Heading North - 35:33.6S, 174:29.7E
Our plan to leave Whangarei at the weekend didn’t quite materialise, and as the weather turned wet and windy on Sunday we were happy to be in town, where Sarah put the finishing touches (curtains and cushions) to the after cabin. We fitted in an enjoyable walk to Whangarei Falls on Saturday – and were surprised to have the picnic site to ourselves.
The pleasant walking trail along the river to Whangarei Falls
Where is everyone?
We finally left the marina after lunch on Monday and motored down the river in the last of the strong winds to anchor once more in Parua Bay then, this morning, we left the Hatea River behind and headed north. Whangarei has been a pleasant place to be based (apart from the long trip down the river to go anywhere) but it feels good to be moving on.
The wind was variable and mostly light today and we had to do a fair bit of motoring, but we managed 3 hours sailing as well. We investigated an anchorage in Matapouri Bay which looked really nice but there was a lot of swell and the surf was breaking on the beach, so we carried on round the next headland to Woolley’s Bay for a bit more protection. There is still some swell and we will have to go round stopping everything banging and rolling before bed, then we will be gently rocked to sleep.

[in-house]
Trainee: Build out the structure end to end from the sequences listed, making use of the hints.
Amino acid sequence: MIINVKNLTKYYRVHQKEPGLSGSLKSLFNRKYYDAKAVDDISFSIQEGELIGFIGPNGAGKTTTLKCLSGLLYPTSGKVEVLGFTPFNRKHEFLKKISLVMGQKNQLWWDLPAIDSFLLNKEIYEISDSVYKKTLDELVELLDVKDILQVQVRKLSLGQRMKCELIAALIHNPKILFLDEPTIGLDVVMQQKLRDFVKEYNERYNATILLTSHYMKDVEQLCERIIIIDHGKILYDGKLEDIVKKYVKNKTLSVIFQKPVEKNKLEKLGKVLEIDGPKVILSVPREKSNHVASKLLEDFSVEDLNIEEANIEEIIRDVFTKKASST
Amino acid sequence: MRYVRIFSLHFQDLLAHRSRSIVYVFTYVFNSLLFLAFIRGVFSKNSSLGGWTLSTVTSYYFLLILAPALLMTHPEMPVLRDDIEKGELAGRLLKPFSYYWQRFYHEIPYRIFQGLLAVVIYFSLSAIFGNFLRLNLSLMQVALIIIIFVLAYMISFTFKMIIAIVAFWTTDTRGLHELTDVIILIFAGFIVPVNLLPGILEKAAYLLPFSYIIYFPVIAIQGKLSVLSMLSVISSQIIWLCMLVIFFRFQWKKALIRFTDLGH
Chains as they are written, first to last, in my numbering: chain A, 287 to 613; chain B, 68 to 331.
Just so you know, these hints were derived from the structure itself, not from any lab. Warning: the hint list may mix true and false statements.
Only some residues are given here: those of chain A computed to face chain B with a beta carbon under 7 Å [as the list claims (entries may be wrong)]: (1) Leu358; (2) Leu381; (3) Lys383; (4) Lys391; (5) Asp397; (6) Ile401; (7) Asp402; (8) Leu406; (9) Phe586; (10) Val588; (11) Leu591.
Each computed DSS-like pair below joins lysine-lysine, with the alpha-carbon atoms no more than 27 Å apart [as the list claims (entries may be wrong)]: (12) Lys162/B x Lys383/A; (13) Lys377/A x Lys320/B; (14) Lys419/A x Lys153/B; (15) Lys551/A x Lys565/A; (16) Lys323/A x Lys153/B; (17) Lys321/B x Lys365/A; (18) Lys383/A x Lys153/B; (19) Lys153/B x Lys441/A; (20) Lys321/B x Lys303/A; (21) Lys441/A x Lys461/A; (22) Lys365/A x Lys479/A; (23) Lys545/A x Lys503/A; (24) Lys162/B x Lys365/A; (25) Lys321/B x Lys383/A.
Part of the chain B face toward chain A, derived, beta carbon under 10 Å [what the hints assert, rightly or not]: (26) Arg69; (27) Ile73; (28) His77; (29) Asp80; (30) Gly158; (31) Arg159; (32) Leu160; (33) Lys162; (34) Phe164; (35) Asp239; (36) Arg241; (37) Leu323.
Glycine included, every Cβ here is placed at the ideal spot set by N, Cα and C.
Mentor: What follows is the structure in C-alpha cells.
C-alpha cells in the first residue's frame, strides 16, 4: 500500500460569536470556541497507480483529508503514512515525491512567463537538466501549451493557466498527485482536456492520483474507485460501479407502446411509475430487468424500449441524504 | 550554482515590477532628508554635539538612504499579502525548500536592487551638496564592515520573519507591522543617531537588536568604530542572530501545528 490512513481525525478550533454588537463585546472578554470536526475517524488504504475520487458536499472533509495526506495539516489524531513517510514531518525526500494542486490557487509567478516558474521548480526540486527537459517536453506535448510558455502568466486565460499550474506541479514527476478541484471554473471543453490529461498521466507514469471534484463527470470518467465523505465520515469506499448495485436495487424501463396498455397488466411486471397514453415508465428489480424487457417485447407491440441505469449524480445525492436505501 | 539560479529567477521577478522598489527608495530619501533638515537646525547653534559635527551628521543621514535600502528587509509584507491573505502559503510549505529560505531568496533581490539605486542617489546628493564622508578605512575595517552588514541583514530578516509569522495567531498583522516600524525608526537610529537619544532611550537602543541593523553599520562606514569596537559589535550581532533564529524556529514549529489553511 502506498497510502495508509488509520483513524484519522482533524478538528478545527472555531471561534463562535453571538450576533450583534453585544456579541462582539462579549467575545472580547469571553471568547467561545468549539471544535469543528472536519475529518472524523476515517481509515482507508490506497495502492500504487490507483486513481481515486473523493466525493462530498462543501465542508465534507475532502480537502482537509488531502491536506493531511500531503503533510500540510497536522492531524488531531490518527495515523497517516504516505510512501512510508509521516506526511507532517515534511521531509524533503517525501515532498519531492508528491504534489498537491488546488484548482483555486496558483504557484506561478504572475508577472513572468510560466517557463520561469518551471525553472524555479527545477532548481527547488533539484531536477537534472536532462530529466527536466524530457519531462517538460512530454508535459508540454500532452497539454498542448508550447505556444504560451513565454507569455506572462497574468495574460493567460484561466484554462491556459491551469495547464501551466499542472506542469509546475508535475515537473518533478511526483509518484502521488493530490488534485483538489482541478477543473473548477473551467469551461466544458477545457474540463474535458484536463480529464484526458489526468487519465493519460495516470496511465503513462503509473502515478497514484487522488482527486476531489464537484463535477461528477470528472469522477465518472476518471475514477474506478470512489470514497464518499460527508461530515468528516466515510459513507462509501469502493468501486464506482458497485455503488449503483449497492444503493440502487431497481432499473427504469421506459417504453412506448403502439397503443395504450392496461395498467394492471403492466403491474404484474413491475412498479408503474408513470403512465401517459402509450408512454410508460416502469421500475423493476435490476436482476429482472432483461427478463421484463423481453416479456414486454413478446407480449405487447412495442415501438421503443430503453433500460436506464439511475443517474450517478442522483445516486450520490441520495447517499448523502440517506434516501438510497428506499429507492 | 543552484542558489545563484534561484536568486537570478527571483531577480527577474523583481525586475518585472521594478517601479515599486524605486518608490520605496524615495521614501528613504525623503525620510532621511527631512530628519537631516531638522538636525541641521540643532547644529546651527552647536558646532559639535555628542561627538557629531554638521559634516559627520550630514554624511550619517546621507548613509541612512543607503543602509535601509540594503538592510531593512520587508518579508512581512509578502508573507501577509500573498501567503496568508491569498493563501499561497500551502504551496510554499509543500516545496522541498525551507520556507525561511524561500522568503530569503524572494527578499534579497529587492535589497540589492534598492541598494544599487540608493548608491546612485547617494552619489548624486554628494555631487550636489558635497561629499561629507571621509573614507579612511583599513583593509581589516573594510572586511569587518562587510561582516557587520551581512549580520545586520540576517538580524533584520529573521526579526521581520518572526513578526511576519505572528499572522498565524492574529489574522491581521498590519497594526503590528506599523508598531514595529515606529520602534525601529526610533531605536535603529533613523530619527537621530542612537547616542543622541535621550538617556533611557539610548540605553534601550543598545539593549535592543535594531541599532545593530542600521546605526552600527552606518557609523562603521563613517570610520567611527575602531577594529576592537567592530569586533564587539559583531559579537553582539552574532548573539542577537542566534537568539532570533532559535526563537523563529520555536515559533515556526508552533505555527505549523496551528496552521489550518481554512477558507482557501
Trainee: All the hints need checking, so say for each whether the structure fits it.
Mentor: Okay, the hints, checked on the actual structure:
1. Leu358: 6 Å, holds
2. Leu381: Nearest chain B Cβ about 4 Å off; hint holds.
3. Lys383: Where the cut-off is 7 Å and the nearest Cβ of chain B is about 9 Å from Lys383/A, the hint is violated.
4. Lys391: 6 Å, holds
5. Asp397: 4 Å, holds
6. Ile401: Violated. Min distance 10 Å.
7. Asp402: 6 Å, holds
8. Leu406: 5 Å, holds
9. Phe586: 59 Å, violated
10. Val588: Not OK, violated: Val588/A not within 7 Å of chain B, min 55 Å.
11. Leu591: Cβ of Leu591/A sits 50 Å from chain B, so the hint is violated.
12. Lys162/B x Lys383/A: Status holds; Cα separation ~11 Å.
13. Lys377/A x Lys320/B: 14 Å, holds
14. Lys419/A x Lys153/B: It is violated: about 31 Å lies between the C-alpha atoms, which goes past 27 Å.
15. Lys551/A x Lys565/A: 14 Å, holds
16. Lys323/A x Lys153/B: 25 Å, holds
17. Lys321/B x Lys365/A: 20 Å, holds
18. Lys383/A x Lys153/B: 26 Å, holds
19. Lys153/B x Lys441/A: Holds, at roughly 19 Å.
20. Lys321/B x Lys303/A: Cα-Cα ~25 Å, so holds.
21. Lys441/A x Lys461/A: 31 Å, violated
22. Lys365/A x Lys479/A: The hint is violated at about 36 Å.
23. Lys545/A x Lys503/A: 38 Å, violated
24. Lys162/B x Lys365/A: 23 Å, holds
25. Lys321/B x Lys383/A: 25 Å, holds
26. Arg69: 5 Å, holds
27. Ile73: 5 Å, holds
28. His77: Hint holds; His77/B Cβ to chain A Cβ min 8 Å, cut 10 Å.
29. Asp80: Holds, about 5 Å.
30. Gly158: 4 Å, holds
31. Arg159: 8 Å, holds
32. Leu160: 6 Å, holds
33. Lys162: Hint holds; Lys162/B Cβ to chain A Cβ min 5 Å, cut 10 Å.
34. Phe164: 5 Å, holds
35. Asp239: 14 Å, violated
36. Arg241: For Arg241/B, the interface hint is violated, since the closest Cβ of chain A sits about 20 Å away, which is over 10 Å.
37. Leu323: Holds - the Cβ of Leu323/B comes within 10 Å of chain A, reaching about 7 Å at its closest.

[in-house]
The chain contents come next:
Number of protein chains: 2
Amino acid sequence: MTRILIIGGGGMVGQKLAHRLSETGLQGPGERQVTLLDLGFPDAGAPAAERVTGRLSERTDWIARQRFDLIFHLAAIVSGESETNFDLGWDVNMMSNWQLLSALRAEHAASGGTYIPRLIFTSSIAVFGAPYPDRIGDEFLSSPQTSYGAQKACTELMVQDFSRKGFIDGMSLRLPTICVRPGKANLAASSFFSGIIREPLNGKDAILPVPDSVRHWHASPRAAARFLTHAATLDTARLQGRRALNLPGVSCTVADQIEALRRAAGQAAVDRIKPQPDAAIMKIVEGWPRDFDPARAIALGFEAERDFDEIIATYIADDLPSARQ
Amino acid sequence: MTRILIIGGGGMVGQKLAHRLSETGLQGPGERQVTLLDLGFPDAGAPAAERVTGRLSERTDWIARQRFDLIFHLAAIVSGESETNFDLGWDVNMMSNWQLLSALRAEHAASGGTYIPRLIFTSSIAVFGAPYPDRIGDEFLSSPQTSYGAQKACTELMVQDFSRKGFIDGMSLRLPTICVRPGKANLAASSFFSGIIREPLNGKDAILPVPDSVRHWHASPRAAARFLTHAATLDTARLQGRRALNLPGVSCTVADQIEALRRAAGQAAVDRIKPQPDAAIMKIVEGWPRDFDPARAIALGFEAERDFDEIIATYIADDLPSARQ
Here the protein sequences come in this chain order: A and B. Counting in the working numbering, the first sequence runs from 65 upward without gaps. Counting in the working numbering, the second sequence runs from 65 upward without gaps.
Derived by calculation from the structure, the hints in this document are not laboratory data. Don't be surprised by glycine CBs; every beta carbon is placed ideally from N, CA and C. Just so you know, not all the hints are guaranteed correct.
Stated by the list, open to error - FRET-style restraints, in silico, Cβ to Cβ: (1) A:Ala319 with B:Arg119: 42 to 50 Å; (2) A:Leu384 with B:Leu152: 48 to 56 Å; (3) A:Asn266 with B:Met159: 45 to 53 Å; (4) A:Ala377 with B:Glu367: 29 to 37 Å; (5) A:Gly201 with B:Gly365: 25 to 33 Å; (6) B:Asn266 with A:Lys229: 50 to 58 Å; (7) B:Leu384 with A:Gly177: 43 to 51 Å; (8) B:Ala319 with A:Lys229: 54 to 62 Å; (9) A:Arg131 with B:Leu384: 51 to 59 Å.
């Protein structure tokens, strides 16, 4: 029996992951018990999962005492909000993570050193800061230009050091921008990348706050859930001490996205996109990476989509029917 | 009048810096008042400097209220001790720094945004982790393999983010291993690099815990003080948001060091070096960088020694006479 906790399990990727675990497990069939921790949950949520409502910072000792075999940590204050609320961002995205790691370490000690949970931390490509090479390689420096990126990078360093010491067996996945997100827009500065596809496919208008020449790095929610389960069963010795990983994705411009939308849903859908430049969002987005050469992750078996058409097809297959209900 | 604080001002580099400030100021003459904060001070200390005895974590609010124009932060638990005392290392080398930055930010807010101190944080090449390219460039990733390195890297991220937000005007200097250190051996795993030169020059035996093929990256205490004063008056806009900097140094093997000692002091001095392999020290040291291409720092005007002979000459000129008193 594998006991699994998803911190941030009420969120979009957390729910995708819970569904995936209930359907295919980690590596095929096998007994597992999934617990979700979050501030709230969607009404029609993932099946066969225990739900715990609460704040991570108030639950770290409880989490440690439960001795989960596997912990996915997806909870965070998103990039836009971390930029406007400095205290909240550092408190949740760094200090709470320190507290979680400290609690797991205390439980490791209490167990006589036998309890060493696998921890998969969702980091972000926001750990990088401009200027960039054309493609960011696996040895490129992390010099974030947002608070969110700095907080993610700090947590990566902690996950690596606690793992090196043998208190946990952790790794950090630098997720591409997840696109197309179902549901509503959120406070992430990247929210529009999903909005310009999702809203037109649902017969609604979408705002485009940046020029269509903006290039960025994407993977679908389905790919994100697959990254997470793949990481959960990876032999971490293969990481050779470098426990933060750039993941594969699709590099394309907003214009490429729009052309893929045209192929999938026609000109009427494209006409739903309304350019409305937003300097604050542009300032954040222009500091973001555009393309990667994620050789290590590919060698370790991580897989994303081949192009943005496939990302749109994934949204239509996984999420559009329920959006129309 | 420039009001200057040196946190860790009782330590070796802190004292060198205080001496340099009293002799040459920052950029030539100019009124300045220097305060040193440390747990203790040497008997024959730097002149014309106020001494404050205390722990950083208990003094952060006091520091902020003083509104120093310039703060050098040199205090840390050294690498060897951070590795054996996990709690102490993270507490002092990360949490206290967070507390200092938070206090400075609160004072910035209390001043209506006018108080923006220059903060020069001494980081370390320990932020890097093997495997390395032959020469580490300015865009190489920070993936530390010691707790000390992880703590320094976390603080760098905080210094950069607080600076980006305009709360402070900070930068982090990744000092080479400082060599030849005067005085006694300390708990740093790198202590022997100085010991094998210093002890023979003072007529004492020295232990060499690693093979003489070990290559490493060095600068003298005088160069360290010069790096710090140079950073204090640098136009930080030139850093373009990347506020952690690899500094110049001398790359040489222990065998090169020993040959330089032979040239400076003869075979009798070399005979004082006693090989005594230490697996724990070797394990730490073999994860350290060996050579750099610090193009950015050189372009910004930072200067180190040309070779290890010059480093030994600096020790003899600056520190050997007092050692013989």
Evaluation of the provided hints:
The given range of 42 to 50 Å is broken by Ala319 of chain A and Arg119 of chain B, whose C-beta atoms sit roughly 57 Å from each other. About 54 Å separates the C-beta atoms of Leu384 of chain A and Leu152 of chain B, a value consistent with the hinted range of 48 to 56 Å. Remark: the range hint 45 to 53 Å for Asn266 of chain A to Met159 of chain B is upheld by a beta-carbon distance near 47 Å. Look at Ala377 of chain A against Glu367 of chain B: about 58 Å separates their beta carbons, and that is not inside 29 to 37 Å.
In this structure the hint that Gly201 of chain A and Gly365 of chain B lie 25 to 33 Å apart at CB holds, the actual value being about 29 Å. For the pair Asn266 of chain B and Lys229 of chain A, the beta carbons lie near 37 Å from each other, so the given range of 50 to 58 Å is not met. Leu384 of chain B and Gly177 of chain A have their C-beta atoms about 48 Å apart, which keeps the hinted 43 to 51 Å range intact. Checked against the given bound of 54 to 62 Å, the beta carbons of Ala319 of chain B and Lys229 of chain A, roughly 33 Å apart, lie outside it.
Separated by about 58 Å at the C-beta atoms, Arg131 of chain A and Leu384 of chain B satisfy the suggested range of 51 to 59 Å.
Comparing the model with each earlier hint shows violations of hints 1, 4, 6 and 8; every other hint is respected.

Baches (holiday homes or beach houses) nestle under the hills at Woolley Bay
As we made our final approach to the anchorage we were visited by 4 dolphins who followed us in and watched us drop anchor then treated us to an amazing show of acrobatics as they leapt out of the water alongside us. With the floor show over, we settled down with a cup of tea and to listen to the birds – a very different sound to the UK which, as much as anything else, tells us we are on the other side of the world.
Our escort into the bay
The tree-lined cliffs are full of birdsong
The Marine Traffic website this afternoon showed the exodus of yachts heading out of the Bay of Islands for Fiji – we hope to follow the next time the weather is right.
The pink shapes are yachts – all heading north east towards Fiji and Tonga
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